19th Century Education in Caswell County
The Milton Spectator (Milton, North Carolina), 6 September 1854.
Office of Board of Superintendents
Common Schools for Caswell County
January 2, 1854
Those interested are hereby informed that since the first of October last or the time of the notice given by the former Chairman of the Board of the amount of funds on hand belong[ing] to each School District in the County of Caswell, a dividend has been received from the tax levied by the County, which gives nineteen dollars and forty-seven cents to each District and also the Fall Dividend from the Literary Fund of the State, which gives twenty-eight dollars and eighty-four cents to each district. The Milton District in consequence of the number of pupils receives double the aforesaid amount.
The Committee on giving orders to teachers will see that the report of the number of scholars taught, length of time, &c., accompanies this order.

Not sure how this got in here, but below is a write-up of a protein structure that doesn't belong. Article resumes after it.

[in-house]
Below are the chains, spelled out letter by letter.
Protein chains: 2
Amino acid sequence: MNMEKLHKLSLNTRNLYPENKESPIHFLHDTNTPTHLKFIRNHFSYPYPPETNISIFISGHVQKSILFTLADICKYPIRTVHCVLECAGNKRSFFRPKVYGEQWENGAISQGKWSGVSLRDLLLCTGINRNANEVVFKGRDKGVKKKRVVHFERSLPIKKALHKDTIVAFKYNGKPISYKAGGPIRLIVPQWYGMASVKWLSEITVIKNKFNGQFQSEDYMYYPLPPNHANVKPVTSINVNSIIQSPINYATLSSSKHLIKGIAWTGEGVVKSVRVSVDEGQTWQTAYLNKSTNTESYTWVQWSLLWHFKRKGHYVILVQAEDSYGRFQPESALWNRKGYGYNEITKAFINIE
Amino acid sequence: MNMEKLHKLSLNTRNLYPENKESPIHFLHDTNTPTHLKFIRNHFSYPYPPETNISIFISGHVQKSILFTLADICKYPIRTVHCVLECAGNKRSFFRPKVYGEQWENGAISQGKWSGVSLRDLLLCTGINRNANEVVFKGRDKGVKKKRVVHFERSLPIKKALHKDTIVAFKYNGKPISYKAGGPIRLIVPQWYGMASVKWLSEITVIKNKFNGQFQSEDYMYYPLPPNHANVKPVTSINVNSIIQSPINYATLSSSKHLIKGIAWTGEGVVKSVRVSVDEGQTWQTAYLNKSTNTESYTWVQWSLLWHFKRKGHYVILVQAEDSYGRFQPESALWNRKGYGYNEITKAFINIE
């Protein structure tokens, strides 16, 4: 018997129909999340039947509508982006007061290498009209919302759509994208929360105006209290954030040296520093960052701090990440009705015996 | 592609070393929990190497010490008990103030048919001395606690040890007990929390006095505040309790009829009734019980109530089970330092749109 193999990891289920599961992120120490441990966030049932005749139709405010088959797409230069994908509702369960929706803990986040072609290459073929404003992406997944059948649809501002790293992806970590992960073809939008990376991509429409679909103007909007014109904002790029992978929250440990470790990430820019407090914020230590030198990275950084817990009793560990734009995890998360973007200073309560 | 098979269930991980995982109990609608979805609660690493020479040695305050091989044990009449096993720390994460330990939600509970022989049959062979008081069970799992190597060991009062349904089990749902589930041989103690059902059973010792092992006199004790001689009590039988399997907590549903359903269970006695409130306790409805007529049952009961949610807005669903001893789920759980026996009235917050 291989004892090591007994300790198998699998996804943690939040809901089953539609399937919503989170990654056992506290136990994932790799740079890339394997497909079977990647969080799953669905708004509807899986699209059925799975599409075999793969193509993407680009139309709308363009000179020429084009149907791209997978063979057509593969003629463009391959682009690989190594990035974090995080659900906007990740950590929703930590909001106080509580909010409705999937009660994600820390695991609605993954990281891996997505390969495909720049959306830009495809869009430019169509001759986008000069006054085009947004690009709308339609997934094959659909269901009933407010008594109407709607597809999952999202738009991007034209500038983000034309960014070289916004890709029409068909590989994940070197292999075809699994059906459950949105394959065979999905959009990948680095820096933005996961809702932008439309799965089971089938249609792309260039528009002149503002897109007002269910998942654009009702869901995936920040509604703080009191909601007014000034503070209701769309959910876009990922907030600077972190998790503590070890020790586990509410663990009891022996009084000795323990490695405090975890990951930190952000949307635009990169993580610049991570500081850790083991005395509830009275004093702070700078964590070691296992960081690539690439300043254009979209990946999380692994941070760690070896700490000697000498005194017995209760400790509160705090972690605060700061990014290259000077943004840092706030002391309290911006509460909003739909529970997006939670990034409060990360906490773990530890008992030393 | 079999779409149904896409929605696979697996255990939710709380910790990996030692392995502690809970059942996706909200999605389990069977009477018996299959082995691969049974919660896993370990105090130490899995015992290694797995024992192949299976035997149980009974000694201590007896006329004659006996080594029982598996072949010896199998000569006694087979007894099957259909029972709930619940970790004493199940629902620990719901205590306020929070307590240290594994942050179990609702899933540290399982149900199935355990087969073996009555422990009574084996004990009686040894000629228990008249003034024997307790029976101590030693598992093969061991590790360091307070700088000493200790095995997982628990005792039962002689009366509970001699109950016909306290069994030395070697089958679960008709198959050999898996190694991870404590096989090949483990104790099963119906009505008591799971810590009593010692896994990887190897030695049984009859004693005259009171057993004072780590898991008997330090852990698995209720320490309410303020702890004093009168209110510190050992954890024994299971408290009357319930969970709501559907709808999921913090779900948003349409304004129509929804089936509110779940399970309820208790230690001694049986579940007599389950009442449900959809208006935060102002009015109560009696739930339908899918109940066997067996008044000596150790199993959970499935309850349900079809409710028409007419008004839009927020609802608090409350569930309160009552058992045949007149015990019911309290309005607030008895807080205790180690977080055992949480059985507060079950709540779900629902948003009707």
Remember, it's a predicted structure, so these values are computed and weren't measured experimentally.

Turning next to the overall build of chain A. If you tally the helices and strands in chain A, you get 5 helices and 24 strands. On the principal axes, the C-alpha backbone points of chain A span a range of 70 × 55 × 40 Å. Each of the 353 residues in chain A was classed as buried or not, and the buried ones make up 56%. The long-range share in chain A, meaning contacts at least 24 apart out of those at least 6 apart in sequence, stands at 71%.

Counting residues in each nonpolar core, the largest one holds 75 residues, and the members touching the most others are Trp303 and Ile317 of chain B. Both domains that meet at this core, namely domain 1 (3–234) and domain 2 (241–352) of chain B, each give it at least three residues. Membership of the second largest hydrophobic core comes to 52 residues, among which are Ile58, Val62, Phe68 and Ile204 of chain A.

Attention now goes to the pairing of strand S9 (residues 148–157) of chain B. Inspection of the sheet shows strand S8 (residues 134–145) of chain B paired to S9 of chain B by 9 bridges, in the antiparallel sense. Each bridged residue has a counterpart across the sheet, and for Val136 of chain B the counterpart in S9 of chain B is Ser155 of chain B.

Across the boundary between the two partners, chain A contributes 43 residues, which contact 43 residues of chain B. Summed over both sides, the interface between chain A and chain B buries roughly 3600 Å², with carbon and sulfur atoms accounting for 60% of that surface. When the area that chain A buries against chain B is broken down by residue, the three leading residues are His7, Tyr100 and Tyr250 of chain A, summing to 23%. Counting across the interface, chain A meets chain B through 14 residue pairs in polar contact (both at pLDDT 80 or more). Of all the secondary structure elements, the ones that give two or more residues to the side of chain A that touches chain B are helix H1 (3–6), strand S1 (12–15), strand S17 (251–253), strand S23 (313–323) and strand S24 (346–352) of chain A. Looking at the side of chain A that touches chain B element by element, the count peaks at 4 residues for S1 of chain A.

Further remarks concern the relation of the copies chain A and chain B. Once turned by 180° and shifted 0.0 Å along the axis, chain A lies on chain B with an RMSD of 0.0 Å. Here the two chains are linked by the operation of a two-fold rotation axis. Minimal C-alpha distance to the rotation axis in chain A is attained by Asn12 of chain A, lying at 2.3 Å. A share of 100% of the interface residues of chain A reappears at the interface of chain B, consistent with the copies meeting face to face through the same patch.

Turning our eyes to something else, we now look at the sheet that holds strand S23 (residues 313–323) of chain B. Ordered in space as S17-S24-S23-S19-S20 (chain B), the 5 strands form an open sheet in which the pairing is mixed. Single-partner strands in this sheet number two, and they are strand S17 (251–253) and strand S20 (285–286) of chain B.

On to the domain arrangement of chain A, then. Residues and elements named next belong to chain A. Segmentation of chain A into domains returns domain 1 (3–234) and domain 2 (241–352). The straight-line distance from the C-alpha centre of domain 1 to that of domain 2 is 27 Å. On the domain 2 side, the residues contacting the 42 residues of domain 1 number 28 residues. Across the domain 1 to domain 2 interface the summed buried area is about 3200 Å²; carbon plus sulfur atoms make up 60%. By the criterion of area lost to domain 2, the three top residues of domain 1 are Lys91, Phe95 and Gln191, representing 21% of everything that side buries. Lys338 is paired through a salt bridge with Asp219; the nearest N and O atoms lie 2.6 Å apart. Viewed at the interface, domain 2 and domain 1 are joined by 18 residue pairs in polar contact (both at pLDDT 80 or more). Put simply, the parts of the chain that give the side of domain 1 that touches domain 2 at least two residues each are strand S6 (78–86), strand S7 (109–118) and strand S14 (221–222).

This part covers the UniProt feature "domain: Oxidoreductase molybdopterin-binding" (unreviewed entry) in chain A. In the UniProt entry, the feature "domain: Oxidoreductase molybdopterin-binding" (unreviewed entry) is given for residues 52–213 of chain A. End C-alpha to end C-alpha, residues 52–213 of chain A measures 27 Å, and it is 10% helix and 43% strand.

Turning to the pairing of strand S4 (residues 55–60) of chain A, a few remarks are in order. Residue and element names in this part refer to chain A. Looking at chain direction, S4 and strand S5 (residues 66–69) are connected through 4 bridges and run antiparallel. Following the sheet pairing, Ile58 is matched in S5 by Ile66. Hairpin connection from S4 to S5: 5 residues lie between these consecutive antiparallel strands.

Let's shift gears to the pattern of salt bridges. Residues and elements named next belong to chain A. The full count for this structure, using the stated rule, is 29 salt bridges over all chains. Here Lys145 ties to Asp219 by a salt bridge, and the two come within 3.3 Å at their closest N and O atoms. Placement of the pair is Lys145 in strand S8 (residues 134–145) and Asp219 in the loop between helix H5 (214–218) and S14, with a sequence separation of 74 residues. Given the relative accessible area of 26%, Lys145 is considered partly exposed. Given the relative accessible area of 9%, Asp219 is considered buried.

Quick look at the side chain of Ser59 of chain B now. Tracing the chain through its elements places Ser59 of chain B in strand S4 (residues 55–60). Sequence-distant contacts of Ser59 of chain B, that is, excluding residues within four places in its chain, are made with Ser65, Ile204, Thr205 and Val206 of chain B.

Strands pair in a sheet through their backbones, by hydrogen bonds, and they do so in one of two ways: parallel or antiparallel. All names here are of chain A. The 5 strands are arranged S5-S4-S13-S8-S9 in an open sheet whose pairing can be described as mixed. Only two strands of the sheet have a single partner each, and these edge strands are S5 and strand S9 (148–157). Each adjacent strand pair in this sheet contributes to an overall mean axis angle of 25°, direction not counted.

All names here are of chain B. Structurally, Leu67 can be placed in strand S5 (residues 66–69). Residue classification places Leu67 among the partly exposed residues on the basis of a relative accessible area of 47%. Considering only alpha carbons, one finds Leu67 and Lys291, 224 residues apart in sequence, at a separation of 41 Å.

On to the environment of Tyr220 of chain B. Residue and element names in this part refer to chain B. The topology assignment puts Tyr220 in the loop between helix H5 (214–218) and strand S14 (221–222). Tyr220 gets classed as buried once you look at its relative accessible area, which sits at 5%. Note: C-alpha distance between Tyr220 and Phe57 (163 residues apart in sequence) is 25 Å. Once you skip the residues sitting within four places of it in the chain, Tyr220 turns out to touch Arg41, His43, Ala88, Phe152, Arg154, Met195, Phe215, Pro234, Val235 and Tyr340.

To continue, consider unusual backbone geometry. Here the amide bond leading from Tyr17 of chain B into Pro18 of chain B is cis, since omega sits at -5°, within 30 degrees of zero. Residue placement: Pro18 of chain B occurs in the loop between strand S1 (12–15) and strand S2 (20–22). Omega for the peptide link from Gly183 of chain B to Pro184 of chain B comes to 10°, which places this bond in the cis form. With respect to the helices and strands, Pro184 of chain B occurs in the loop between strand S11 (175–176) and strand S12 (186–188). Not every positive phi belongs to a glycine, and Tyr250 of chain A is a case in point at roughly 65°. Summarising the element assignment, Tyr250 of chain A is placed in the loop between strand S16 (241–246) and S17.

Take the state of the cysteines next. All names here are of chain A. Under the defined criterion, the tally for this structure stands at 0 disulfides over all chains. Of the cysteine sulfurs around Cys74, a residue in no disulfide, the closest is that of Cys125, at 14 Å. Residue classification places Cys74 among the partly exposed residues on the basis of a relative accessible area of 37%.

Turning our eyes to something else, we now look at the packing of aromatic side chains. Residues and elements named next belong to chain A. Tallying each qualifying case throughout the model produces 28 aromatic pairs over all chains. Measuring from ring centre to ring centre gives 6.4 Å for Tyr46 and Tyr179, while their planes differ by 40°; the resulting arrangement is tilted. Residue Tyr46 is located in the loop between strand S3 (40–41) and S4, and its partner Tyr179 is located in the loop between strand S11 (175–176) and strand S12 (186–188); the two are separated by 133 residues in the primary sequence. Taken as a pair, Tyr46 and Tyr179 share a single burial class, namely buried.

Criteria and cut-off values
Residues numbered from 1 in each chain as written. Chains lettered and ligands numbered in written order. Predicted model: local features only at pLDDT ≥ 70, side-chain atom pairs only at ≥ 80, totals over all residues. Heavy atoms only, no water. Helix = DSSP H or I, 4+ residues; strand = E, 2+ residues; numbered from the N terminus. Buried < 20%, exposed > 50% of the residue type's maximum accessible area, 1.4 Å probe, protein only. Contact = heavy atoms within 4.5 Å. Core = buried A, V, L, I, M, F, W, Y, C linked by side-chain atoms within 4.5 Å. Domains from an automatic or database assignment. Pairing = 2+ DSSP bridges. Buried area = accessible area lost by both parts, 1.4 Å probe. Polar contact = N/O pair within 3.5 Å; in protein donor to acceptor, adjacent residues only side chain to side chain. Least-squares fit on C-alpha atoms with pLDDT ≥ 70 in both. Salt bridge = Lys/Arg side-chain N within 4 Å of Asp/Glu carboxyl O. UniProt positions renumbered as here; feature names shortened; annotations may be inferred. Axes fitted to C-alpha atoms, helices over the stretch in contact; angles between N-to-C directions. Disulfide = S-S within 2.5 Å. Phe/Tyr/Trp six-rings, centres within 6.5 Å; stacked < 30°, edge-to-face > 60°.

Nathaniel J. Palmer, Chm'n
January 10, 1854
While the following describes the educational situation in 1835, little changed by the time of the above 1854 Caswell County report. The electorate was decidedly anti-education. Taxes of any sort were vehemently opposed.
In the State in 1835, there was not one school house for every 15 miles square, not a single high school, and only a few good academies, the whole number of the latter being certainly less than half and possibly less than a third of the number of counties. In the whole State . . . nearly every tenth white man was totally illiterate and nearly one-half the white people of every county were uneducated. The people had no thirst for knowledge; in many cases it was dreaded, despised, and hated.
Source: Hamilton, J. G. De Roulhac and Wagstaff, Henry McGilbert, Editors. "Party Politics in North Carolina 1835-1860," The James Sprunt Historical Publications. Durham (North Carolina): The Seeman Printery. 1916.